In 1140 Whittington was ceded to the Welsh but was in the hands of Henry II by 1160. In 1164 he granted it to Geoffrey de Vere and it later passed to Roger de Powys. The King granted him financial aid in 1173 to help enhance the castle's fortifications. It passed from Roger to Fulk Fitz Warine in 1204 who made numerous upgrades possibly prompted by his rebellion against King John in 1215. When that King died the following year, Fulk made his peace with Henry III and sought a licence to crenellate at Whittington. This was granted in 1221 albeit with the caveat that modifications should be "only as much as was essential to fortify it against the Welsh". The twin-tower Gatehouse into the bailey was the main structure built at this time.
Whittington Castle was attacked by the Welsh in 1223 and seemingly suffered damage. In the years that followed, the facility was remodelled into an enclosure castle. A stone curtain wall was constructed around the base of the motte and the ground within was heightened to create a flat platform. A twin towered gatehouse and a further three towers strengthened the defences of this new Inner Ward and also provided extra accommodation. A Great Hall was constructed in the eastern portion of the courtyard. The Inner Bailey of the original twelfth century castle was modified to become an Outer Ward. The gatehouse, built by Fitz Warine, was retained as the entrance into this part of the fortification. The Outer and Inner Wards were connected via a long barbican.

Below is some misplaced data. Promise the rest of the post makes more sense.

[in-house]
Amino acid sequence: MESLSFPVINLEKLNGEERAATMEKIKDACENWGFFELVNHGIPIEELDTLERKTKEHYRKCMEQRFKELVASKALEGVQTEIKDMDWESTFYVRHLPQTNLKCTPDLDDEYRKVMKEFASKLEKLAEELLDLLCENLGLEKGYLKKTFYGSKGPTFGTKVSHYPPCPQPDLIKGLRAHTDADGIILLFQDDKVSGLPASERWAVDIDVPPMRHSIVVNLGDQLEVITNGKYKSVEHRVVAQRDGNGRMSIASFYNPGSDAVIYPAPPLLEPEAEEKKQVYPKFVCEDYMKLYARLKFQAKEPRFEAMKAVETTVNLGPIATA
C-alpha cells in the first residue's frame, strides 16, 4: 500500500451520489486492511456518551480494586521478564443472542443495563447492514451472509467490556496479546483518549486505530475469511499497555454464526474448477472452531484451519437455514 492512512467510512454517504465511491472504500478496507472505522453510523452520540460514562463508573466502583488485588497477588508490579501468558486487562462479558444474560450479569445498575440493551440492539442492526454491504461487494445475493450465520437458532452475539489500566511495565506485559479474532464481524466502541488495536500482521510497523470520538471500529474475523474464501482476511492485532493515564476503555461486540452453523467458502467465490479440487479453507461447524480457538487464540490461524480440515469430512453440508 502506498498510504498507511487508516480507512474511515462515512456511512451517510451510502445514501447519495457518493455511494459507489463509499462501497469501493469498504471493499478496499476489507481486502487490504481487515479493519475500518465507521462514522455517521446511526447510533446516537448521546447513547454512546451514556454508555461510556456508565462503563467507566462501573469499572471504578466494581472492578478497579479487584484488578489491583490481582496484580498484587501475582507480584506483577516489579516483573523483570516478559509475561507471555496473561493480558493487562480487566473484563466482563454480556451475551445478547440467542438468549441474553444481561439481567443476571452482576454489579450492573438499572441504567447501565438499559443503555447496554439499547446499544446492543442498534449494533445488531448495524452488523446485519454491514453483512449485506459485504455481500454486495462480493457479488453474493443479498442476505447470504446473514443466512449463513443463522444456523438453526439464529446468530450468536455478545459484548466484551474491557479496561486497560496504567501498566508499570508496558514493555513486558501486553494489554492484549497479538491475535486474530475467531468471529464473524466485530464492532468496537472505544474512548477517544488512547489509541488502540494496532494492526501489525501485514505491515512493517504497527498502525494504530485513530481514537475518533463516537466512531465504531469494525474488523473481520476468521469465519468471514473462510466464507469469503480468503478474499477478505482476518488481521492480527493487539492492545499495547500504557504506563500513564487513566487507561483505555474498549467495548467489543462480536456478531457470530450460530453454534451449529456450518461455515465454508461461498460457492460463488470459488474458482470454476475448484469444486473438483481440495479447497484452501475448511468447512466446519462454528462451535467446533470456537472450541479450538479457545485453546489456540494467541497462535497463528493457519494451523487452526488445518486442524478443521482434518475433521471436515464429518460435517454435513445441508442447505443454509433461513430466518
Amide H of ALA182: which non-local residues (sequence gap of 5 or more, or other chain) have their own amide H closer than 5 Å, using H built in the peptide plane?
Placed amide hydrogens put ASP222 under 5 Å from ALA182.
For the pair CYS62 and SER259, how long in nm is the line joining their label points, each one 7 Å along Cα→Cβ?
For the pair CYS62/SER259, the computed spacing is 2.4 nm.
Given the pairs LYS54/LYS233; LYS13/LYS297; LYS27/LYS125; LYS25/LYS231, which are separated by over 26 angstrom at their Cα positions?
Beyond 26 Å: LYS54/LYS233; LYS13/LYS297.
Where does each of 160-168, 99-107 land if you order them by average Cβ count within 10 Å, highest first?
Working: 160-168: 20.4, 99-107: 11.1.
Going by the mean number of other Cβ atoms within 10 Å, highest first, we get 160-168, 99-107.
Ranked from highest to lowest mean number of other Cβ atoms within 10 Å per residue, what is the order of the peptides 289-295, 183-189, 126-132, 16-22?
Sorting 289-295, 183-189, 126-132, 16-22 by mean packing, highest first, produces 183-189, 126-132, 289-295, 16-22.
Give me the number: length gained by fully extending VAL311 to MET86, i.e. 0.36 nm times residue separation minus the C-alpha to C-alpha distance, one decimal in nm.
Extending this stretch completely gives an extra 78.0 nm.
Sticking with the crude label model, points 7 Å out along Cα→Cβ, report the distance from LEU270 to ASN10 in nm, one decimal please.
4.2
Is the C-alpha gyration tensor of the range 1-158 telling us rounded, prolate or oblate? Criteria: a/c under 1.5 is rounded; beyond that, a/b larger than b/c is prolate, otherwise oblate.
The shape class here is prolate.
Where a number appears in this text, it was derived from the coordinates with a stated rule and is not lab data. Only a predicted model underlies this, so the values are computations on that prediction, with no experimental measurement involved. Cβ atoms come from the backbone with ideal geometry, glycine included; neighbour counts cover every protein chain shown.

Henry III ceded control of Whittington to Llywelyn ap Grufford, Prince of Wales in 1265 as part of the Treaty of Montgomery. It remained in Welsh hands until 1276 when it was recovered by the English Crown during the First War of Welsh Independence. In 1282 Edward I restored it to the Fitz Warine family and they continued to hold it into the fifteenth century. It was during their tenure that the castle may have had a link with Dick Whittington, Lord Mayor of London. He lived from circa-1350 to 1423 and was a younger son of Sir William Whittington, who owned landed in Gloucestershire. However, it is possible Dick lived at Whittington and travelled from the castle to London to seek his fortune.
In 1404 Whittington was attacked by the forces of Owain Glyndŵr. Whilst the castle survived the assault, the manor itself was economically ruined. The male line of the Fitz Warines ended in 1420 and subsequent owners were unable or unwilling to commit the resources to restore the manor. This rendered the castle superfluous and it drifted into ruin. Both castle and manor passed into Crown control in 1545. It was granted to Henry, Earl of Arundel by Mary I but he had little use for it and in 1562 he mortgaged it to a number of London traders. A timber-framed cottage, built behind the Outer Ward gatehouse, was built at this time.
Whittington Castle passed to the Lloyd family in 1638 whose descendants retain legal possession today. This family, who were major landowners, supported the Royalist cause during the Civil War resulting in Whittington Castle being attacked by Parliamentary forces in 1643. The damage was extensive and the castle was never rebuilt. In the mid-eighteenth century extensive material was removed from the site to support renovation of the Whittington to Halston road. However, by the late eighteenth century an ornamental garden was laid out around the castle ruins and the (Outer) Gatehouse was restored into a habitable residence.